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Ruined U.S. Cash Worth Millions, but Stories are Priceless

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David B. Smith, attorney for a Mexican businessman who discovered a large sum of cash under the floor of his warehouse in 2005, talks about attempts to redeem it at the Bureau of Engraving and Printing. The government tried to have it forfeited, alleging it was probably tied to drugs or money laundering. The case may be settled soon.

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By Del Quentin Wilber
Washington Post Staff Writer
Monday, October 5, 2009

The fast-talking and well-dressed Texas customs broker has arrived at the Treasury Department twice in recent years with luggage stuffed with crusty, grimy greenbacks. The money was ruined, he said, and worth about $6.4 million.

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The broker wanted to exchange the soiled bills, unearthed in Mexico, for a U.S. government check. But the transactions raised questions for authorities. Was the cash drug money? Was it tied to money laundering? Was it an inheritance? Or had it been exhumed from a coffin with the help of a treasure map? There have been many theories over the years.

Only now, after delicately counting the bills and running down leads, are authorities and attorneys for the broker's clients unraveling the mystery of the Mexican moola. Their answers are not particularly satisfying. But that shouldn't be a surprise. They are talking about buried treasure, after all.

"This would make a great book or a movie," says David B. Smith, a lawyer representing the broker's clients. "It's offbeat. It has characters."

The Mexican cash sheds light on what is normally a little-noticed program at the Bureau of Engraving and Printing in downtown Washington. Each year, the bureau handles about 30,000 transactions involving mutilated currency worth $30 million, according to its tersely worded Web site. The ruined money doesn't go back into circulation. A spokeswoman for the bureau, Claudia Dickens, declined to comment, saying that officials were too busy to discuss the program.

Other officials said the redemptions are usually routine matters, involving cash damaged in floods or fires, for example. But some transactions have great stories behind them, such as a request three years ago by a Japanese man who showed up at the bureau with $100,000 in mutilated bills.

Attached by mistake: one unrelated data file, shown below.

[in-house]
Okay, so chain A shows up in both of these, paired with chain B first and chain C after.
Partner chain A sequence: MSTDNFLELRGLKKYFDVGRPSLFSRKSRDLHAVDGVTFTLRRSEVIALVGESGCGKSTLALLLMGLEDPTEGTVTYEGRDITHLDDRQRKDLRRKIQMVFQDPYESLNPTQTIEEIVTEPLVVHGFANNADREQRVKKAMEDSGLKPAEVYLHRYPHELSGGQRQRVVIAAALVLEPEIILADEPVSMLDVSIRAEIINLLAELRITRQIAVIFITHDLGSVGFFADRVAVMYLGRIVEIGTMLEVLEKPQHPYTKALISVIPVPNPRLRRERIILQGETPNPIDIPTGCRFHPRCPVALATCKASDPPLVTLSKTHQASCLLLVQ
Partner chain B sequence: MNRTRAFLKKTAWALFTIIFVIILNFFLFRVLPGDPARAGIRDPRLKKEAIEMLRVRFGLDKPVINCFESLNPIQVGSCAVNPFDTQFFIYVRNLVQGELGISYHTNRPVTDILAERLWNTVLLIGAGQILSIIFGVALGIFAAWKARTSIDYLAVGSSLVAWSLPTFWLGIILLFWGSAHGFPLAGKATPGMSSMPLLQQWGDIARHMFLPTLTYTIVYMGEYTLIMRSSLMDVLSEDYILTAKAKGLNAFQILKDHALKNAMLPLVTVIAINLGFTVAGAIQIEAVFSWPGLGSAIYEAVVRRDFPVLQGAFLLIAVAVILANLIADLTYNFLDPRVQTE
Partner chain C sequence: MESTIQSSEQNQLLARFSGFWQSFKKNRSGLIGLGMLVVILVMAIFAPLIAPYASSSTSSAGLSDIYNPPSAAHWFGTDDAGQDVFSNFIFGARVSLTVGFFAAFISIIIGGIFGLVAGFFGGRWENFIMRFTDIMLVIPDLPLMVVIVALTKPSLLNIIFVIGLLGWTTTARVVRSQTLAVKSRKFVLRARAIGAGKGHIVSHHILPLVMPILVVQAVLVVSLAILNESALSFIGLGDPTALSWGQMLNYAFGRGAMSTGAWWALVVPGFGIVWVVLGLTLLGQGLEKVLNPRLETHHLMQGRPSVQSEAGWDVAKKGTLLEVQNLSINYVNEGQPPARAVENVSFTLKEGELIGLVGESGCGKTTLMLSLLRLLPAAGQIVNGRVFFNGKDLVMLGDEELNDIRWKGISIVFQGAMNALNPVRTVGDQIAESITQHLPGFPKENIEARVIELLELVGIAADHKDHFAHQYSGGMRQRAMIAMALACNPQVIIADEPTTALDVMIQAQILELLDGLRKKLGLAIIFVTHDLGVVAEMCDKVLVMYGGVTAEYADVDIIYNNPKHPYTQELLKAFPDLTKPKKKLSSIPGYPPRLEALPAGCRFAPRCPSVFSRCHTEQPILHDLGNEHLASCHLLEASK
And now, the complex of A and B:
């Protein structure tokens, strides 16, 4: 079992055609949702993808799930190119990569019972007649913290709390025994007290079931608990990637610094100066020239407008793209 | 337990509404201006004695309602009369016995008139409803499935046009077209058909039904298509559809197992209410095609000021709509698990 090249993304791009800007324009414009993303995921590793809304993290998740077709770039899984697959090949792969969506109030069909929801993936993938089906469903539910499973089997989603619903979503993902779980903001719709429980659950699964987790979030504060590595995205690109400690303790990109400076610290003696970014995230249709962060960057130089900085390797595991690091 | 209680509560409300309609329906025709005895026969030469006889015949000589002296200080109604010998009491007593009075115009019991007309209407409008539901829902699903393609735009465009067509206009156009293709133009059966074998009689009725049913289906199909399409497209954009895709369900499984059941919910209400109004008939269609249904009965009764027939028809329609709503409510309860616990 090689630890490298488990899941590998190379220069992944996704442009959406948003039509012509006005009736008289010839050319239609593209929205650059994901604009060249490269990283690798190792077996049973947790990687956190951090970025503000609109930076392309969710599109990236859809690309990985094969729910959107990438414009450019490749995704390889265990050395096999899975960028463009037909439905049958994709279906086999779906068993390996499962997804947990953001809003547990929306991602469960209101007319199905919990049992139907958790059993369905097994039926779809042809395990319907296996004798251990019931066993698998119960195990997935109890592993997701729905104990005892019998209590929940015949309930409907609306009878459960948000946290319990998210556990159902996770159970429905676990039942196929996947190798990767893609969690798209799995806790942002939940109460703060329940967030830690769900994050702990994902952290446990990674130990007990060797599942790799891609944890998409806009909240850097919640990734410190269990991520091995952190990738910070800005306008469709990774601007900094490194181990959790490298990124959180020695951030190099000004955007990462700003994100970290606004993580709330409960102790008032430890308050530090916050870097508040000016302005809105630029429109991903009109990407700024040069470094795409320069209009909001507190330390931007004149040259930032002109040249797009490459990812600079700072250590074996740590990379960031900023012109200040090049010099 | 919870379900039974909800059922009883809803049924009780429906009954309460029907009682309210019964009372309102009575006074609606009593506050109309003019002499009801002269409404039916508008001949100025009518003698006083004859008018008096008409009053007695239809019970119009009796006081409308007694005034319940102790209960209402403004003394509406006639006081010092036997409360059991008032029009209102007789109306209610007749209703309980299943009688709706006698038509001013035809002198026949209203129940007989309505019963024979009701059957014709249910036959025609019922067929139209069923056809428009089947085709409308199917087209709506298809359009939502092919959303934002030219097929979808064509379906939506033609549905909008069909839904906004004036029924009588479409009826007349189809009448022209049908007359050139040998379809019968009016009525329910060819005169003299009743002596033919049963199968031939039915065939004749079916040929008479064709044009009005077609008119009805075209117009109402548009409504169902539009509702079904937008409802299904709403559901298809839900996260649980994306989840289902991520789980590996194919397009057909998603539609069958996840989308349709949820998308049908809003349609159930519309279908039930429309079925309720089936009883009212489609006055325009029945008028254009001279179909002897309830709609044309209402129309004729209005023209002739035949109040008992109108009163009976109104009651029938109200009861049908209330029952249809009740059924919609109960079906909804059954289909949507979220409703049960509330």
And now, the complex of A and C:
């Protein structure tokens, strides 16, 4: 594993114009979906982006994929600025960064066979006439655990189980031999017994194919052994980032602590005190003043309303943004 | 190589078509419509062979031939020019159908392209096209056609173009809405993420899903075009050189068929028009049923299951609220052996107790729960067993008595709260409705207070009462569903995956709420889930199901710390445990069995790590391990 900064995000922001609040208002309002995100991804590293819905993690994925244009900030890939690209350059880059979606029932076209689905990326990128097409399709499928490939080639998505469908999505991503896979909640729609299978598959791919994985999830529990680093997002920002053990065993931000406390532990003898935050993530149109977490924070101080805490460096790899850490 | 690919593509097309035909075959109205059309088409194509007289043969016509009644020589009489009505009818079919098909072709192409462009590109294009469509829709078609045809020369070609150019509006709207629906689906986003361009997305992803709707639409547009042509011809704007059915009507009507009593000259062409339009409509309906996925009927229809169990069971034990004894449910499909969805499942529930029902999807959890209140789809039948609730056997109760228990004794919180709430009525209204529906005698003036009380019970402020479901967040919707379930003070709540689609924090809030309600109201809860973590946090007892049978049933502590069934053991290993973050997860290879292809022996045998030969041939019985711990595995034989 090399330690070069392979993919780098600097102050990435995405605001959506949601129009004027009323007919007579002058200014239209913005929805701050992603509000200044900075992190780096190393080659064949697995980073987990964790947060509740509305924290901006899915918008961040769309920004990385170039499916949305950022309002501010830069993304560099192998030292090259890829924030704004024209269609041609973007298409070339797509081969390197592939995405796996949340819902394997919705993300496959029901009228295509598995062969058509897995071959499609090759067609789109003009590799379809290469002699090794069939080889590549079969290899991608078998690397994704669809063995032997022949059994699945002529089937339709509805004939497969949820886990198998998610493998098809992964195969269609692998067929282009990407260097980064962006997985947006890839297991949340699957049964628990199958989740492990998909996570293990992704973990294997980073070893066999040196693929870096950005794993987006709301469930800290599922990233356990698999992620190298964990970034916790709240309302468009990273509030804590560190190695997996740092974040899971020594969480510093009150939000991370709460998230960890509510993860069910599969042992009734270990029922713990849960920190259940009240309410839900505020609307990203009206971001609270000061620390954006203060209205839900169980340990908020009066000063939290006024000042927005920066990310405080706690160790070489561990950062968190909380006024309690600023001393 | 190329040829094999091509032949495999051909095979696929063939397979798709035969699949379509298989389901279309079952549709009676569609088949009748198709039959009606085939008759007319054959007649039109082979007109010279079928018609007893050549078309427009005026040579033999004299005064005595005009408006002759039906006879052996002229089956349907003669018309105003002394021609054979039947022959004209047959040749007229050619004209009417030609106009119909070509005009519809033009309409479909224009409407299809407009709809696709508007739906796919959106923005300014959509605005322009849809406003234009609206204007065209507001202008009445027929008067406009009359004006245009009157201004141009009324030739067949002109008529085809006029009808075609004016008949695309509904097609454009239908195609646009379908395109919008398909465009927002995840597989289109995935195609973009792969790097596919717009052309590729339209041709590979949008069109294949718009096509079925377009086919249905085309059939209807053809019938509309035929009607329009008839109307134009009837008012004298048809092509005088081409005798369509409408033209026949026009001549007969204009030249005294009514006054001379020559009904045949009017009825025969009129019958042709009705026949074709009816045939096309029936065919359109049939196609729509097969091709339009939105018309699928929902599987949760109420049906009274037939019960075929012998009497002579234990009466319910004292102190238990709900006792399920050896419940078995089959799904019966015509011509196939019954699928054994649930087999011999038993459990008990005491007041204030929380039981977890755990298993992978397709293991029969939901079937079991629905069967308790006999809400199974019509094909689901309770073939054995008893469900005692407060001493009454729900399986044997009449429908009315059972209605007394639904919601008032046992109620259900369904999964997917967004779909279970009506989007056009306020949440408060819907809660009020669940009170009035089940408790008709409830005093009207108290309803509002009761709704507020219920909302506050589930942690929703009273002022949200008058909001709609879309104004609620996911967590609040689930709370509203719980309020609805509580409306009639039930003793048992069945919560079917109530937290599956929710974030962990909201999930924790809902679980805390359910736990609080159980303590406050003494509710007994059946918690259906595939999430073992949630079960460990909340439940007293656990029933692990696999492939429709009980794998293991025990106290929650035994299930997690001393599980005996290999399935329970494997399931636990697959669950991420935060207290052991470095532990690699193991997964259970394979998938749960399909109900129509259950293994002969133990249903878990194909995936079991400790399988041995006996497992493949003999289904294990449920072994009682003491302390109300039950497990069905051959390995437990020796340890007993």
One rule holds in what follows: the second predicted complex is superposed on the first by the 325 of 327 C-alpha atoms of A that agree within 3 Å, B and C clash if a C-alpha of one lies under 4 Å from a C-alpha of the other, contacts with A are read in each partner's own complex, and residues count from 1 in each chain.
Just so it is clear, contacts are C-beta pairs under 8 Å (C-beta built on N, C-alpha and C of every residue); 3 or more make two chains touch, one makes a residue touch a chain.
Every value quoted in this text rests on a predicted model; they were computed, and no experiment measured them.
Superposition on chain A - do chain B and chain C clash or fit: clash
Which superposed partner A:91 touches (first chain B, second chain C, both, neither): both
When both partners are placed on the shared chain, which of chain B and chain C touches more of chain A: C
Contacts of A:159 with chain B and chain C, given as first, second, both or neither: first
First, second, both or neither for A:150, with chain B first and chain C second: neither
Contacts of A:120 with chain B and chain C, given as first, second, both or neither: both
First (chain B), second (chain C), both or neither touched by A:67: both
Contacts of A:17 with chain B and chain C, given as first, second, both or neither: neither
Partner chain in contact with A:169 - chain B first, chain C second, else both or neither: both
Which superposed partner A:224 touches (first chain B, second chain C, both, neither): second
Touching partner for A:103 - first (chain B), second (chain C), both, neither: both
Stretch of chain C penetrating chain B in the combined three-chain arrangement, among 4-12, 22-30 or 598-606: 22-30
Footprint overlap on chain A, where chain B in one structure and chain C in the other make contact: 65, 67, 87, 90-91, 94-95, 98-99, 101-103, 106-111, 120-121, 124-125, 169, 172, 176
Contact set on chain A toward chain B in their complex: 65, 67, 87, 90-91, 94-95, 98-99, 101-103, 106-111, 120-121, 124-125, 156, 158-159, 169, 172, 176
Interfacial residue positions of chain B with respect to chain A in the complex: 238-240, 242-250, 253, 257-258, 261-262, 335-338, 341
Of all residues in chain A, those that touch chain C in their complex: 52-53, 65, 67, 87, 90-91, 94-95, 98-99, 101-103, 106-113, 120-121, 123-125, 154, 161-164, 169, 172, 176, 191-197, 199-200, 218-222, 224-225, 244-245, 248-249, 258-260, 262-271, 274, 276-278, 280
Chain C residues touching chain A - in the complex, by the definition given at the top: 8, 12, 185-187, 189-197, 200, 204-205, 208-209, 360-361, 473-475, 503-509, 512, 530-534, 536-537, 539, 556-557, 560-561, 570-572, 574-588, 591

He said the money had been buried for years, but a closer inspection by bureau experts revealed that it had been "bleached, worn, ripped, or otherwise damaged deliberately," a federal agent wrote in court papers.

In January, federal prosecutors filed court papers seeking to confiscate $50,900 in damaged bills that a man said had been buried in a toolbox in Mexico by his father decades ago. No bill was older than 1995, casting doubt on the story, prosecutors said. Last week, a federal judge in Washington granted the government's request to confiscate the cash.

Intriguing yarns, for sure. But they pale compared with the saga of the badly damaged Mexican cash and the Texas customs broker, Franz Felhaber, whose job is to ensure that goods and cash flow smoothly across the U.S. border.

Felhaber first came onto authorities' radar in August 2005, when he, his uncle and a female relative appeared at the Federal Reserve Bank in El Paso.

They had $120,000 in water-damaged and ruined cash, just a small portion of millions of dollars they said had been found under a building in Mexico. Bank officials exchanged the cash for a check.

Over the next month, federal agents say, Felhaber tried to exchange small amounts of damaged money at El Paso banks. That's when he and his associates began telling different stories about the money's provenance, federal agents wrote in court papers.


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